The drag of working in the foodservice industry is that impressive food becomes a frustrating and elusive thing. I go to lots of trade shows and brokers and sales representatives are constantly parading new products in front of me. It’s a classic example of knowing too much when I dine out.
So it’s a rare day indeed when I eat something so fantastic, so spectacular, so superior to anything else I’ve tried around town that I feel compelled to endorse it to any willing audience. Ladies and gentlemen, that day has arrived.
There’s a cute little bar/restaurant over on Macklind where I hide out from time to time. Despite being on the Hill, the menu doesn’t play favorites and offers Greek, Italian, bar food and American hybrids. My usual order at Anthonino’s is roasted sweet red peppers with feta cheese and pita but I deviated from the plan on Friday when the chalkboard outside promoted the fish sandwich. I like a good piece of fish as much as the next girl and was thoroughly thrilled at the chance to use the Ladies’ Man voice when ordering.
The sandwich came with some weird vinegar-y slaw and a platter of greasy, limp fries but the headliner was something to behold. What arrived was a grouper fillet about ten inches in length and thicker than my wrist until it finally tapered down to the end. The batter wasn’t oily or salty but fluffy and light. To my surprise and delight, the coating wasn’t mushy on the inside and the fish itself was firm and flaky. Try as I might, I couldn’t make out even a hint of rubber texture as I chewed it-so uncommon in the common man’s sammich. The flavor was mild and almost sweet, while a soft French loaf performed transportation duties to my speechless gob. It was perfect.
I’m afraid to go back. It couldn’t possibly ever be that good again. But for you, here’s the info:
Anthonino’s Taverna on the Hill
April Music Bits
A few li'l things that've caught my eye/ear in the last week:
1. Those crazy youngsters in the Dirty South drummed up a Myspace page, proving that... well, even veteran acts are in on the ol' social networking. See it at: http://www.myspace.com/theedirtysouth.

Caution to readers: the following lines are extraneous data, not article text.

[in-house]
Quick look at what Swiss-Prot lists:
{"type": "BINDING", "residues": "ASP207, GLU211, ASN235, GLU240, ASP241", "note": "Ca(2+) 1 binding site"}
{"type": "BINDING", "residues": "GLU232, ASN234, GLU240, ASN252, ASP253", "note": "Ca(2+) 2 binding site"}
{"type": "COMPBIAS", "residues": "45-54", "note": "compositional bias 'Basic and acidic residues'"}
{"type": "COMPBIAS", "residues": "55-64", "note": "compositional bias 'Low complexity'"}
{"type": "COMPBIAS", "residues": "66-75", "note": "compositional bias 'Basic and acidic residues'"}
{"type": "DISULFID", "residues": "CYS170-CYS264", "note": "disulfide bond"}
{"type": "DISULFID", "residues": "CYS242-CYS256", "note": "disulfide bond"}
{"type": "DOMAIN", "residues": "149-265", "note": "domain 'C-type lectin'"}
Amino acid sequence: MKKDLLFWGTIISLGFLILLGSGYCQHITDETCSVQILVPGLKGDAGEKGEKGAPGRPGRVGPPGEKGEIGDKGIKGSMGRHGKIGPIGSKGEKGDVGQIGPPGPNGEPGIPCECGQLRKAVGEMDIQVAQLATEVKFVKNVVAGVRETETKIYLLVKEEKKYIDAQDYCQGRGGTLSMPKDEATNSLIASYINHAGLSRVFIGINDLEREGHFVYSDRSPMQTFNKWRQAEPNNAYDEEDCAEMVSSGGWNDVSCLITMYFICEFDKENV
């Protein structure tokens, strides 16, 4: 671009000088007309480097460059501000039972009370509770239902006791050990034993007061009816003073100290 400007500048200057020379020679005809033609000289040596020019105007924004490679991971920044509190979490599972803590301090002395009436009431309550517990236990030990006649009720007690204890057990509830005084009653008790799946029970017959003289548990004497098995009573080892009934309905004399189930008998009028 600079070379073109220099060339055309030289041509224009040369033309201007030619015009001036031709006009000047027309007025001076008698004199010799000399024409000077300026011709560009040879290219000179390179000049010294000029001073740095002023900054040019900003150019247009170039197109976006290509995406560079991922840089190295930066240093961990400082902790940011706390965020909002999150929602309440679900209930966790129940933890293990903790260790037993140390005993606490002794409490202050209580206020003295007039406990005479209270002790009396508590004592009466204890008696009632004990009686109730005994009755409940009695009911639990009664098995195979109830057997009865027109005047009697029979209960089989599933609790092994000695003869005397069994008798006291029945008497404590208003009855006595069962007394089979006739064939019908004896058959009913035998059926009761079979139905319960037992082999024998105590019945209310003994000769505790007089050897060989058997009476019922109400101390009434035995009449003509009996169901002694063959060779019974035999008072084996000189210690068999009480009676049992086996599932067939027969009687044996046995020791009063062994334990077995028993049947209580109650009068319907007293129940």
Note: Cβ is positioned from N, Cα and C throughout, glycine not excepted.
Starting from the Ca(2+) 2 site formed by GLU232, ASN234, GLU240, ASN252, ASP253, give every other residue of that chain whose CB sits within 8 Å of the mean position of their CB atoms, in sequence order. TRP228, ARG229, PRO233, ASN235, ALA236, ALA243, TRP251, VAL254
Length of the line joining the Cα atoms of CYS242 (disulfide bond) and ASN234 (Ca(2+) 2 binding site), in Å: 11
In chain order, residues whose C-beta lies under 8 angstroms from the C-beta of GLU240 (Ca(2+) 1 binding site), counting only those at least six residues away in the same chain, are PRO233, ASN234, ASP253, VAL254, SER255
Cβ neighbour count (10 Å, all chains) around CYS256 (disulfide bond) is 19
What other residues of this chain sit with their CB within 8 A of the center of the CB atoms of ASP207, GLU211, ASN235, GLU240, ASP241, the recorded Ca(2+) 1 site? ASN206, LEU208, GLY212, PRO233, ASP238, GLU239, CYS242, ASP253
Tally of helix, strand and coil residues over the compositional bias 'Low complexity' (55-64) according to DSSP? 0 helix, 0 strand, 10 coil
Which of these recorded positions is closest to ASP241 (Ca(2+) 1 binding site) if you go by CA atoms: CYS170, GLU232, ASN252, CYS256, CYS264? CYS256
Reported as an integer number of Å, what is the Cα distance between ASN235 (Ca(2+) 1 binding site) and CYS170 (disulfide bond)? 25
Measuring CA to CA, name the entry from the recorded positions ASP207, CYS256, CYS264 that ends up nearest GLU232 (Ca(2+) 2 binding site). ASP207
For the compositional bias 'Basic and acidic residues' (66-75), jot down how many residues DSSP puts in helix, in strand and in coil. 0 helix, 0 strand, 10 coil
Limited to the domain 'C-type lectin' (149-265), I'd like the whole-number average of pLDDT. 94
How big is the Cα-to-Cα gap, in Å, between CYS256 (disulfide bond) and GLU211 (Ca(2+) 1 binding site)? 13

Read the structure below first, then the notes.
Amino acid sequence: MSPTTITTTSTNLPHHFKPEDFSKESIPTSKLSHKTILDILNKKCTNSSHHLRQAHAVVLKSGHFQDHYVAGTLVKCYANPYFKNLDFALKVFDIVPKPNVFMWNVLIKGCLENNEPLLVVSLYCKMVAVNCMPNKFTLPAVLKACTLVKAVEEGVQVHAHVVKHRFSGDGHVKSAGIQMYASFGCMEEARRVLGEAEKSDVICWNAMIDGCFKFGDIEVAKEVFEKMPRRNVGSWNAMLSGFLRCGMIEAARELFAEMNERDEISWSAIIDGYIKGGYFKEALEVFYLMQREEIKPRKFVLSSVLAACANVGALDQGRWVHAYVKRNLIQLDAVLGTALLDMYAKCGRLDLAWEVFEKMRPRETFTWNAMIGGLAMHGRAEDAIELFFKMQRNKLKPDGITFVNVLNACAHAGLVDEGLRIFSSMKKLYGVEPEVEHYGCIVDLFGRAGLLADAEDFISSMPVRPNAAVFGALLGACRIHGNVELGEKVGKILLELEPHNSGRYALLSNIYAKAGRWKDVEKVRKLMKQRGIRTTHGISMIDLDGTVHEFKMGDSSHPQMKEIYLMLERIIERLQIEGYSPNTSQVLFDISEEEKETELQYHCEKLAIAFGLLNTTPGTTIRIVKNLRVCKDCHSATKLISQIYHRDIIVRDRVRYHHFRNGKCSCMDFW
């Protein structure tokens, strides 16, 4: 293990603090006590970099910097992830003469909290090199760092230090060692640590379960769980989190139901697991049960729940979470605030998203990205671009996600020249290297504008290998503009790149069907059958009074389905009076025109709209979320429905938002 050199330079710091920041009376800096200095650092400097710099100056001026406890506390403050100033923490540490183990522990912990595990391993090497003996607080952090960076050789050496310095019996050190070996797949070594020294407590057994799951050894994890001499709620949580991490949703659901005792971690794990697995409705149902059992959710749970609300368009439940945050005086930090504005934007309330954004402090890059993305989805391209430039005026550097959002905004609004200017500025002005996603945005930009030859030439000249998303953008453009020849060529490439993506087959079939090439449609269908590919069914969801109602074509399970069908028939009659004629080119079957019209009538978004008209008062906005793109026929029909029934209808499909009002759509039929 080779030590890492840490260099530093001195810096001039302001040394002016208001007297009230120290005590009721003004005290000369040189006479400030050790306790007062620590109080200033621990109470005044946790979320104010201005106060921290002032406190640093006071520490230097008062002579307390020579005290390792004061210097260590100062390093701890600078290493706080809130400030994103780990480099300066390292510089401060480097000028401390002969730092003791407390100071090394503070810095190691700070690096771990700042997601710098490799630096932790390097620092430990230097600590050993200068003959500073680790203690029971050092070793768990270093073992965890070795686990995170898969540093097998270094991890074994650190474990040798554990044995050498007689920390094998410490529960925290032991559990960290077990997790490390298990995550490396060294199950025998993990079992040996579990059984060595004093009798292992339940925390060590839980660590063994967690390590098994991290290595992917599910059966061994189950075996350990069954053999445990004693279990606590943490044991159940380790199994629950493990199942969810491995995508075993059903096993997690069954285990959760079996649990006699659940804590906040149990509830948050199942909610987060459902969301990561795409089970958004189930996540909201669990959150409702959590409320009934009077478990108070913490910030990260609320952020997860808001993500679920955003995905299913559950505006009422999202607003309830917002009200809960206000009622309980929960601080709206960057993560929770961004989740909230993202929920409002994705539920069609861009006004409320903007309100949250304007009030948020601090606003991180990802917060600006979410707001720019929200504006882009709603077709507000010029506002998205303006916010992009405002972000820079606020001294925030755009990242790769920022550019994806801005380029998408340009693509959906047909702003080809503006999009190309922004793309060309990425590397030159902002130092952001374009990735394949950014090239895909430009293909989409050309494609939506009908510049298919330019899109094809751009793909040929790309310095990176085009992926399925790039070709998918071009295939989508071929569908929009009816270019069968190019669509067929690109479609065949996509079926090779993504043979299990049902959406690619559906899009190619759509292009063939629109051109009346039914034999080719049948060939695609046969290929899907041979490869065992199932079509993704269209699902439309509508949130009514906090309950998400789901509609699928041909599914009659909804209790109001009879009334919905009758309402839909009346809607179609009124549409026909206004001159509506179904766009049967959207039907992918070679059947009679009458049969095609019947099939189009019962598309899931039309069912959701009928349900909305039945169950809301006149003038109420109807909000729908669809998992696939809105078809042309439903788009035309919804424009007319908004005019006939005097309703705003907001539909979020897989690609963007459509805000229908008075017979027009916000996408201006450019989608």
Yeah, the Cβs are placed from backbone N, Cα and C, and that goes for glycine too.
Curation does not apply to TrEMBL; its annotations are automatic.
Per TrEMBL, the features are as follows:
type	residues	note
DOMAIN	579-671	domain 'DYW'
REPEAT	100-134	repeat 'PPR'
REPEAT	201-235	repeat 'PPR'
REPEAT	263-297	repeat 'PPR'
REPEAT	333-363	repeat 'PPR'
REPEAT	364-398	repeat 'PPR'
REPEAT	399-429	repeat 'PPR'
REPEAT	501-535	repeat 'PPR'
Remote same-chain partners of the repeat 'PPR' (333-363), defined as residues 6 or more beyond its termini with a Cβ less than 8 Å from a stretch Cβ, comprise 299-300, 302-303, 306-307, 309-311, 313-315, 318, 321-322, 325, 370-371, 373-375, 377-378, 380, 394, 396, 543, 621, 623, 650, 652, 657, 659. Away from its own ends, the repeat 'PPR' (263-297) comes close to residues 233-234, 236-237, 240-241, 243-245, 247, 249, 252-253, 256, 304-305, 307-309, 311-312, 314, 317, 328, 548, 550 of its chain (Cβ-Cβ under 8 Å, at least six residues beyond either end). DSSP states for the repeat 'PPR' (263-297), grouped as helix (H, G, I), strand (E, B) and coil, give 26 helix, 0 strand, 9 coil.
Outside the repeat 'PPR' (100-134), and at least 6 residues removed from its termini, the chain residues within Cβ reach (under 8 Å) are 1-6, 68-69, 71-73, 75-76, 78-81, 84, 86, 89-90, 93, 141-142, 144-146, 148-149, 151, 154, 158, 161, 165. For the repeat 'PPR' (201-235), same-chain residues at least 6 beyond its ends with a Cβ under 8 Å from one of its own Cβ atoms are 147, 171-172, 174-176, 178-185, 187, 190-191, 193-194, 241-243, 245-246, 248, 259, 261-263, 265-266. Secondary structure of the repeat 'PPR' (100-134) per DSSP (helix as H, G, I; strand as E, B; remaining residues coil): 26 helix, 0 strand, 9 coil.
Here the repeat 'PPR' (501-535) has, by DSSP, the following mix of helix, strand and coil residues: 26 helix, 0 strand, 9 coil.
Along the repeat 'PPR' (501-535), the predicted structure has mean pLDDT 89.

2. Typewriter Tim Jordan - a fellow who really needs to go by the descriptor of "cat" - has an art show up at Baseline, which opened during this weekend's First Friday art walk. The space, which seems to sell really high-end/vaguely obtuse home furnishings, is located at 1110 Washington. He'll also be appearing this Friday, April 14 at the Hi-Pointe; though we're not exactly sure what form his set will take, DJ Leon Lamont may be invovled. Intriguing.
3. Fans of a certain era of STL rock will be enthused by a new add to the schedule of Blueberry Hill Duck Room. On May 6, the Great Crusades and the American Professionals will be playing; members of the former act were principals in the old Suede Chain, while the American Pros are headed up by longtime Nukes bassist Chuck Lindo.
4. Bummer about Brandt's, eh?
April 07, 2006
The Eric Hall Invasion
Eric Hall, South City's most active catalyst for experimental music, has a few events coming up in coming weeks, including one this weekend. We'll reprint the this weekend's event first, then note a neat event coming up in May.
From Radio Cherokee:
ERIC HALL (beautiful electronic soundscapes) will open for VOLTAGE (chicago). VOLTAGE has been doing vocal-less rock numbers for the past few years. with only drums and guitar, home made electronics fill in the gaps. their most recent recording was released on flameshovel records. www.voltage.camp-gay.org headliners PARKERS BACK bring it with improvised toe tappers. drums, keys, guitar. of the improvised stuff, they're top of the heap!!!!
sat april 8 doors 9pm all ages
radio cherokee is located at
3227 cherokee st. @ virgina
st. louis mo 63118
As some of you already know, I have been curating an annual performance/installation for the last few years at Dunaway Books on S. Grand